Thursday, January 15, 2015

United States v. Zamudio, No. 13-10322 (Wallace joined by Schroeder and Owens)

--- The Ninth Circuit held that the district court correctly denied an illegal-reentry defendant's collateral attack on the underlying removal order, and that the district court correctly declined to instruct the jury on a constructive-knowledge theory relating to an affirmative defense based on the statute of limitations, because the defendant's fraudulent entry using an invalid green card didn't put the government on notice as to the defendant's criminal conduct. The jury also correctly rejected the defendant's statute-of-limitations defense.

The defendant was removed after suffering two convictions -- a 1994 conviction for kidnapping, in violation of Cal. Penal Code § 207(a); and a 2000 conviction for felony possession of methamphetamine, in violation of Cal. Health & Saf. Code § 11377(a). He served three years on the kidnapping and 100 days on the drugs. After he served the drug sentence, he was placed in removal proceedings and, through counsel, conceded removability. An immigration judge ordered him removed to Mexico. In 2001, he entered the United States using his green card, which had been implicitly revoked when he was previously removed from the United States. He apparently lived without detection in the United States until 2012, when he was found in the Sonoma County Jail. He was then indicted for illegal reentry.

The removal proceedings were not fundamentally unfair, so the district court correctly denied the defendant's motion to dismiss the indictment. Both of the defendant's prior convictions are for removable offenses, and the defendant was bound by his lawyer's concession of removability even if it was wrong. The immigration judge's failure to advise the defendant of the possibility of relief from removal was not prejudicial, because even if the defendant had received relief from removal based on the 1994 conviction, he would not have been eligible for relief from removal based on the 2000 conviction. His immigration lawyer didn't even meet the Strickland standard for ineffective assistance -- he had no professional obligation to anticipate the Supreme Court's decision in INS v. St. Cyr, 533 U.S. 289 (2001) -- and thus didn't meet the higher standard for ineffective assistance in removal proceedings. Nor could the defendant demonstrate prejudice, because he didn't point to any actually incorrect statements that his lawyer made in removal proceedings.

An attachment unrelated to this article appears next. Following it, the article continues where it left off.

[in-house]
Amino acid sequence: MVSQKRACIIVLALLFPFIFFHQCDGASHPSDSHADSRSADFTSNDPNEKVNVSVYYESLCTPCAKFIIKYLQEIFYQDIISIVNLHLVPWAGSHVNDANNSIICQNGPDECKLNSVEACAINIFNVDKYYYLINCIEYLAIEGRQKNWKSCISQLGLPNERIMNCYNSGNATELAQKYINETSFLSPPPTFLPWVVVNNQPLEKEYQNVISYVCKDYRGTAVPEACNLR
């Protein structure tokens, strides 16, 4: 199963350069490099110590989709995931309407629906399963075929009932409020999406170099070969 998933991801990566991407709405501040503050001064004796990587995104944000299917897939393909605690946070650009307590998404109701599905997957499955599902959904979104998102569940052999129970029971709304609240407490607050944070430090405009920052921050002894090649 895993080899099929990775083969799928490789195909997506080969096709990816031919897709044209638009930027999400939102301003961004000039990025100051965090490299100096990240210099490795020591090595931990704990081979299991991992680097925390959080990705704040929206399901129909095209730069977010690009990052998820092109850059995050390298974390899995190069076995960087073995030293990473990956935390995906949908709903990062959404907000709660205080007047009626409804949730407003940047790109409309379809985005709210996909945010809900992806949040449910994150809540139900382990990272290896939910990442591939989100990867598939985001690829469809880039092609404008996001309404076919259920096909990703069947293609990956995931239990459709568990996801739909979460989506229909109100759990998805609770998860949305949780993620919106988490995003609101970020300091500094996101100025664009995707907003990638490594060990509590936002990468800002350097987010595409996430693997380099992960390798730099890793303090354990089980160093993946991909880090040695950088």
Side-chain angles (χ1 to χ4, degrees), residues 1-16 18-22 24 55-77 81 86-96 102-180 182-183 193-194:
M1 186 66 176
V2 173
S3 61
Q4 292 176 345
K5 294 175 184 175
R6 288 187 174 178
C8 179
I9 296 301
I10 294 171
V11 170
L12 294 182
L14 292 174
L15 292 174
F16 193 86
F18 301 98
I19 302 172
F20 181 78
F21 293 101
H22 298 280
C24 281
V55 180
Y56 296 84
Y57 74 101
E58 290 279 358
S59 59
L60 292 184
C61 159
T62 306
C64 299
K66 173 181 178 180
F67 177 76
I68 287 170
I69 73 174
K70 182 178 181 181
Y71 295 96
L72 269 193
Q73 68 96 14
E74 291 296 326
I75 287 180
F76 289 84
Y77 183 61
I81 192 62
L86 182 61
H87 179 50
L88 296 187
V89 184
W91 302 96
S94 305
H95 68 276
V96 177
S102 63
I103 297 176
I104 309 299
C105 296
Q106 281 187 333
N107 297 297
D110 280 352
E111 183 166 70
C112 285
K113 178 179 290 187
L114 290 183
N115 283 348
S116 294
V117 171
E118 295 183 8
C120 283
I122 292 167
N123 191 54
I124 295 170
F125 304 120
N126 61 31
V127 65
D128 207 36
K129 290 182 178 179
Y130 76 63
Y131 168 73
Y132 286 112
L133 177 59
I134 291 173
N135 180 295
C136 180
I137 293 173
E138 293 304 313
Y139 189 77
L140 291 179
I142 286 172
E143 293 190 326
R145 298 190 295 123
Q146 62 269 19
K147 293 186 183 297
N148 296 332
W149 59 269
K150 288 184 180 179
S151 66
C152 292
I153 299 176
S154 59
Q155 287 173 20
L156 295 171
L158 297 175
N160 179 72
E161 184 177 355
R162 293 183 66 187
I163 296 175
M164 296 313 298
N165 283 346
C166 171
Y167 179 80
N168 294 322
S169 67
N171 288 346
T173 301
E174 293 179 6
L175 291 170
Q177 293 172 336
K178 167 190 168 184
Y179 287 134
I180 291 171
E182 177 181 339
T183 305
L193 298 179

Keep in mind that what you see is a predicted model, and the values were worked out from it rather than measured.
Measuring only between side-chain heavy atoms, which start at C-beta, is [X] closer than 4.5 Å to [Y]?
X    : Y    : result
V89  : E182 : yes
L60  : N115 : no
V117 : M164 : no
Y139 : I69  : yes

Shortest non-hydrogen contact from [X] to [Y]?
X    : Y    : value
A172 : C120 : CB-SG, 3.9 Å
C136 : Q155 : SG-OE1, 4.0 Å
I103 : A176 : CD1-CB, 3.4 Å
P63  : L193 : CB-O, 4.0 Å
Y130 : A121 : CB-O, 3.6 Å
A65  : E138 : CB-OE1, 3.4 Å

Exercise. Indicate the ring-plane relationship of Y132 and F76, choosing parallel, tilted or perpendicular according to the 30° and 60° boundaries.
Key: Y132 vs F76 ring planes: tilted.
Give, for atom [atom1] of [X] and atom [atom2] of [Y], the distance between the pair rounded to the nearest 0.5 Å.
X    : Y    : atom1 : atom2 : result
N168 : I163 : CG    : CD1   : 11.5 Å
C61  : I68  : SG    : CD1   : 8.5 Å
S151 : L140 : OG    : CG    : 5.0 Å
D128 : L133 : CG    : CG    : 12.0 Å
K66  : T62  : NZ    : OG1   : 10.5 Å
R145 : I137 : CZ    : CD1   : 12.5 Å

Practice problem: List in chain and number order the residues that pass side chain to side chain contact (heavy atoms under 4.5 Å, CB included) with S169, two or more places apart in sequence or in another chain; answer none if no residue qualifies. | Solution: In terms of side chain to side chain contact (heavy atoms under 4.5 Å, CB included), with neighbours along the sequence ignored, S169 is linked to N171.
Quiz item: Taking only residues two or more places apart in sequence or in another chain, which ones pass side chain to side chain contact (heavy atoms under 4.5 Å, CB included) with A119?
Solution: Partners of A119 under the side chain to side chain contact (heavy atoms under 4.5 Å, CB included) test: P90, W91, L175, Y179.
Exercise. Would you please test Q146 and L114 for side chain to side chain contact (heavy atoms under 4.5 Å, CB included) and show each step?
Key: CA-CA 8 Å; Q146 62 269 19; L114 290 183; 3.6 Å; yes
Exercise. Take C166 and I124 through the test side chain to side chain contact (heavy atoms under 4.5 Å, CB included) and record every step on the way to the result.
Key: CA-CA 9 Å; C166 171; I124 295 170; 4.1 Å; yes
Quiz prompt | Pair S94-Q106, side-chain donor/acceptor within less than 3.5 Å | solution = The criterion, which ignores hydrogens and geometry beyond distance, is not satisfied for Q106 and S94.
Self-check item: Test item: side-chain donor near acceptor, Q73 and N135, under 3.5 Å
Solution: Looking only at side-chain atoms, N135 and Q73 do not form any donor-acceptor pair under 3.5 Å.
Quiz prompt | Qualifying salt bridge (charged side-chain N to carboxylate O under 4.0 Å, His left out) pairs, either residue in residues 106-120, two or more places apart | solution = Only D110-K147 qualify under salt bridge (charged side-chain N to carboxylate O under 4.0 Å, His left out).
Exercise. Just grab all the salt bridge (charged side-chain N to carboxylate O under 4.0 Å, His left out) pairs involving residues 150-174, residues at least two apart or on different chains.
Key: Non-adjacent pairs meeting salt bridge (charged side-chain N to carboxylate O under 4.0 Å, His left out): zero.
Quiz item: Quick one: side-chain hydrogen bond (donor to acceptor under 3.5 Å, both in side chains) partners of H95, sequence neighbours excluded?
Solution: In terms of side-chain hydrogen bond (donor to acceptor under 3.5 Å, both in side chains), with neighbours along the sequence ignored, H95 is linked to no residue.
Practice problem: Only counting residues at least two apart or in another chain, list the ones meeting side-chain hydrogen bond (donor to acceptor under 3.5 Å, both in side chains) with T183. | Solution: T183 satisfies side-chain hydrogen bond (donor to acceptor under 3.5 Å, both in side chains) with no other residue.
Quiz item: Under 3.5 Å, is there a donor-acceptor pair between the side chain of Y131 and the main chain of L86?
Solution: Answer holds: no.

The court has never decided whether, in an illegal reentry case, the government's constructive knowledge of the defendant's presence in the United States beings the running of the statute of limitations. Nevertheless, the district court didn't need to instruct the jury on this theory, because the defendant's presentation of a fraudulent travel document (here, an expired green card) at the time of entry affirmatively misled government officials. For that reason, the evidence presented at trial was sufficient to defeat his statute-of-limitations defense.

The decision is here:


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